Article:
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General Ship Modeling
Discuss modeling techniques, experiences, and ship modeling in general.
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Pirate Felucca
RussellE
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Posted: Sunday, August 26, 2018 - 09:51 AM UTC
John congrats on such a neat little build.

Can only echo what Mark and Tim said.

Thanks for sharing, so good to see something a little bit off the beaten path.

Look forward to seeing what you've got planned next!
TimReynaga
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Posted: Friday, August 24, 2018 - 07:25 AM UTC
Hi John,

I really like your completed Felucca. We are all our own worst critics, and I'm sure you see only the flaws, but I think you have met the various challenges of this vintage kit quite credibly. I especially like your rigid wire solution to the standing rigging - simple and effective. No build is perfect, but my view is that you have produced a colorful, graceful, and very appealing little model of which you can justly be proud!

d6mst0
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Posted: Thursday, August 23, 2018 - 02:09 PM UTC
Sweet looking ship. Hats off to anyone that would take on a sailing ship.

Mark
YellowHammer
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Posted: Thursday, August 23, 2018 - 08:38 AM UTC
Hi Guys,
Well I finally got the Felucca finished. It's been a little fighter all the way. Tim, I was able to get some accelerator at our local Hobby Lobby, which helped me quite a bit. I had to deal with a final poor decision I made during construction which gave me all sorts of trouble in completing the rigging. I had set both masts before rigging. Even with accelerator for my CA glue and fine needle nose tweezers for the thread, I could not get between the masts to set the stays. After numerous attempts I came up with the idea of using fine wire for the stays. I used 0.015mm brass wire, painted black. I used a couple of loops of black thread at the top of the mast to cover the wire ends, and I didn't have to worry about keeping tension while the glue dried. I used a natural color thread for the running rigging. I know the rigging isn't complete, but gives an idea of what's involved in sailing the ship.

I've provided a few final photos below. Sorry for the crappy photo quality.

I've enjoyed this build and learned a lot. I appreciate all the comments and advice you all provided; it helped a lot. I would appreciate any final thoughts you might have.

Good luck and keep building!
John









YellowHammer
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Posted: Monday, July 23, 2018 - 05:42 PM UTC
Thanks for the replies Tim. I'm going to have to source some CA accelerator and give it another shot. And actually I had more in mind the rollers you talked about, I just didn't know the name for them. So I learned two things tonight.
Thanks
John
TimReynaga
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Posted: Monday, July 23, 2018 - 07:26 AM UTC

Quoted Text

Another random thought for future builds hit me as I was looking at the Nina and Pinta build logs tonight; since their sails/spars were raised and lowered from the deck could the locator pins on the spars be used as anchor points for gaffs around the mast. It would seem to me something would be in place to keep the spar aligned while raising and lowering.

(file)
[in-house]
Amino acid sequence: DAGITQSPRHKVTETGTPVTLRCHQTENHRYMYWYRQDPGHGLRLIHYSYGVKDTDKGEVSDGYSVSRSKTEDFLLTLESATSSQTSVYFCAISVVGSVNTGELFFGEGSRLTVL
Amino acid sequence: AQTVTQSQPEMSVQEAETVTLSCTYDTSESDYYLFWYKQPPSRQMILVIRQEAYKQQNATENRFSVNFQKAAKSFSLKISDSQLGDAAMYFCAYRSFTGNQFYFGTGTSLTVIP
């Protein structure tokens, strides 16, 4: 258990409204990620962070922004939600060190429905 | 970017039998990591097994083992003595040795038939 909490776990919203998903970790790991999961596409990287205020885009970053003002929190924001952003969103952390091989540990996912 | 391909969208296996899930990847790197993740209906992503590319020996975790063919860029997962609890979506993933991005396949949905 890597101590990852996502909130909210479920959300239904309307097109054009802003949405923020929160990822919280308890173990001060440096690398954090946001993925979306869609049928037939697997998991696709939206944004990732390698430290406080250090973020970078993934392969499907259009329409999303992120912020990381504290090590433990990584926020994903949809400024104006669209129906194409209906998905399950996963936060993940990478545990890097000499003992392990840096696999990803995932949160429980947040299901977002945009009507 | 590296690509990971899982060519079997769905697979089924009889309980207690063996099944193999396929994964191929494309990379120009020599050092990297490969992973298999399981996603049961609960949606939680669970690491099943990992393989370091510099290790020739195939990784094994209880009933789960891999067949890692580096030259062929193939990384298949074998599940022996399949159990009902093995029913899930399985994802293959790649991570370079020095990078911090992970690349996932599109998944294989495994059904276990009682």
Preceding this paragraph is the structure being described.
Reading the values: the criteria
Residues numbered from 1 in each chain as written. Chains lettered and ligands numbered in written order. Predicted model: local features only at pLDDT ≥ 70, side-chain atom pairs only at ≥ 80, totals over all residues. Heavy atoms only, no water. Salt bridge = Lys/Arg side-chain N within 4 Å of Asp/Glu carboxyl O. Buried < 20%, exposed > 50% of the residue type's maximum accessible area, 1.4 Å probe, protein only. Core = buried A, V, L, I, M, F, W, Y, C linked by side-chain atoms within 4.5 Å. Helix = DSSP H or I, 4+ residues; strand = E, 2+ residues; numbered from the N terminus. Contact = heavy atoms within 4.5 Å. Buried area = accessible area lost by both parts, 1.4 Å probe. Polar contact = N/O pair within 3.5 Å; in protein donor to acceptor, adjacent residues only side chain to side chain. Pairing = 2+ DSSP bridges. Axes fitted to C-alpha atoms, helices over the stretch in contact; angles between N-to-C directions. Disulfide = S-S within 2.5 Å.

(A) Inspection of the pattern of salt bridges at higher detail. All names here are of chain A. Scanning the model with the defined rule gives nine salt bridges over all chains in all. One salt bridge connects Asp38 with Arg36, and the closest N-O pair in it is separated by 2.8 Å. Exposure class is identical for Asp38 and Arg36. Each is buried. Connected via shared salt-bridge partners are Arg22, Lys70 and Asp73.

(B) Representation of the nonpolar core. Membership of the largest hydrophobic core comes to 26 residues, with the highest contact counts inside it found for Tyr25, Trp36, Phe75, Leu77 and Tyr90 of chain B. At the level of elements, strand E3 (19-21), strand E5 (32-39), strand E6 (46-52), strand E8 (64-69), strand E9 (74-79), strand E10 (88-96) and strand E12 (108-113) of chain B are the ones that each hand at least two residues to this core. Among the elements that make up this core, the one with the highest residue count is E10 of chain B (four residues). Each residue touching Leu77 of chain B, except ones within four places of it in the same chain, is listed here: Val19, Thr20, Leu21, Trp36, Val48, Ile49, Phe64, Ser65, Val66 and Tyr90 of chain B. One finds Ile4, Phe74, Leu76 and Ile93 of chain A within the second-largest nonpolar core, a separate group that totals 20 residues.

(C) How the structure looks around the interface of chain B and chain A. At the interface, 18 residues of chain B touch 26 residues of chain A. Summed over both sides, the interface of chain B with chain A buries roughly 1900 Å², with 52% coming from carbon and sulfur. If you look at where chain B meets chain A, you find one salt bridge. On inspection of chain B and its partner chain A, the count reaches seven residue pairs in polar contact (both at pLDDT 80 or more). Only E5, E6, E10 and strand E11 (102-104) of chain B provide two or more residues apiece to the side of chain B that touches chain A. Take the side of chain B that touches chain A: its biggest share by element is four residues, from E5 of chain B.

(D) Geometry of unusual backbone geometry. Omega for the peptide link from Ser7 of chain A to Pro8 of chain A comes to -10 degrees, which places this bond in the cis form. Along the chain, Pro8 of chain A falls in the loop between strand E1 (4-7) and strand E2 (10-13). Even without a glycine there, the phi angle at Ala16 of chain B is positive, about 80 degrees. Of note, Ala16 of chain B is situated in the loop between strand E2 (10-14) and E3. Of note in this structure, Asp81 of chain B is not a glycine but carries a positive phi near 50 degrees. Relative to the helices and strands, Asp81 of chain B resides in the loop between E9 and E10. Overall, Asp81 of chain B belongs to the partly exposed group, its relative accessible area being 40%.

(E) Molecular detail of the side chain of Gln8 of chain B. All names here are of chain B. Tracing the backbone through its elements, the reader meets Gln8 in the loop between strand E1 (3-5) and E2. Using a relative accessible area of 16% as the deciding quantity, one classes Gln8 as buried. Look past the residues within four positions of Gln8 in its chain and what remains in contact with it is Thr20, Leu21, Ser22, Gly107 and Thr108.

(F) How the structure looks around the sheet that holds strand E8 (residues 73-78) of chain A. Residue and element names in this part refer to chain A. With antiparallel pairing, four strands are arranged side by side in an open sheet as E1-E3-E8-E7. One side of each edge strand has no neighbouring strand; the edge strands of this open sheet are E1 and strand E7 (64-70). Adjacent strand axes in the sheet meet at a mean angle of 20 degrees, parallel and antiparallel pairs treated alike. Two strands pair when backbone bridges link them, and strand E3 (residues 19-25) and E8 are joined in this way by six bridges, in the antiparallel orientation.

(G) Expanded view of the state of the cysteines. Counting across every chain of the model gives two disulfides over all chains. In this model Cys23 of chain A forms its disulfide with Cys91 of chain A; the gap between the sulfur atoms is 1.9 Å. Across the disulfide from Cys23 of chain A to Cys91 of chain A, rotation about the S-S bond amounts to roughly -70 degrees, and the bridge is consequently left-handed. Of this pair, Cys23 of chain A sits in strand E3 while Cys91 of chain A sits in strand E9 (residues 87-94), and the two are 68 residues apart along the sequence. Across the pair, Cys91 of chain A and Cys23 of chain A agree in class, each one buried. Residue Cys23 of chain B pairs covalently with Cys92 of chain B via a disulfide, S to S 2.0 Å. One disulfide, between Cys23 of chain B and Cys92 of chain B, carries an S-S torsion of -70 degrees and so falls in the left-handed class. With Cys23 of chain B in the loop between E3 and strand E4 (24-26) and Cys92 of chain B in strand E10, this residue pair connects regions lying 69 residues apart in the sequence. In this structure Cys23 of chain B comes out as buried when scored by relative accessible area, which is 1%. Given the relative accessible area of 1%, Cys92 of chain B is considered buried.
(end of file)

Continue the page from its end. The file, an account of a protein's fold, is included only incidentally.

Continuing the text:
That's a great thought, but (at least for the Niña and Pinta), the spars were held in place with roller parrels, which were flexible bands that looked something like beaded necklaces - completely unlike those dopey pegs provided by Pyro.
Doh!
TimReynaga
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Posted: Monday, July 23, 2018 - 07:16 AM UTC

Quoted Text

Hey guys,
Just an quick update and request for help. I'm still working on the rigging on the Felucca and I'm having a devil of a time anchoring the clew lines to the deck or hull side with any kind of tension. I haven't been able to find any clamps small enough to hold the thread in place while the glue dries. Do you guys have any suggestions. I was hoping for a look like Tim did with his Nina and Pinta builds.

TIA
John



Hi John,

Keeping tension on the lines can definitely be a challenge! On my Niña and Pinta builds I placed tiny dots of super glue with a toothpick, then pressed the lines into them and held them there with very gentle pressure using an X-acto. When they set I just pressed the X-acto to cut them. The secret is to brush on a bit of cyanoacrylate accelerator, which will dry the glue spots instantly and freeze the tension on the lines.
YellowHammer
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Posted: Sunday, July 22, 2018 - 11:39 AM UTC
Hey guys,
Just an quick update and request for help. I'm still working on the rigging on the Felucca and I'm having a devil of a time anchoring the clew lines to the deck or hull side with any kind of tension. I haven't been able to find any clamps small enough to hold the thread in place while the glue dries. Do you guys have any suggestions. I was hoping for a look like Tim did with his Nina and Pinta builds.

Another random thought for future builds hit me as I was looking at the Nina and Pinta build logs tonight; since their sails/spars were raised and lowered from the deck could the locator pins on the spars be used as anchor points for gaffs around the mast. It would seem to me something would be in place to keep the spar aligned while raising and lowering.

TIA
John
YellowHammer
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Posted: Thursday, July 12, 2018 - 09:44 AM UTC
Thanks guys for the comments and encouragement. Russ, thanks for those tips. I still have the small scale Ertl Chinese junk (with 5 masts!), a Pyro Pinta, and two Heller Roman Biremes on my near term shelf. I'm refurbishing an old Heller Oseberg Drakkar in parallel to this felucca. I had to replace the mast with brass wire as the plastic one shattered. I'm going to try your notch idea on the spar. Now to purging my gallery.
John
RussellE
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Posted: Thursday, July 12, 2018 - 09:32 AM UTC
John, that's a big improvement on the masts.

If you're having difficulty glueing them together after removing the 'pegs' you could always file some small grooves into each mast at the intersection point so that they sit someway into each other.

Also drilling a hole and adding a brass pin to key their location may also help
TimReynaga
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Posted: Thursday, July 12, 2018 - 01:53 AM UTC

Quoted Text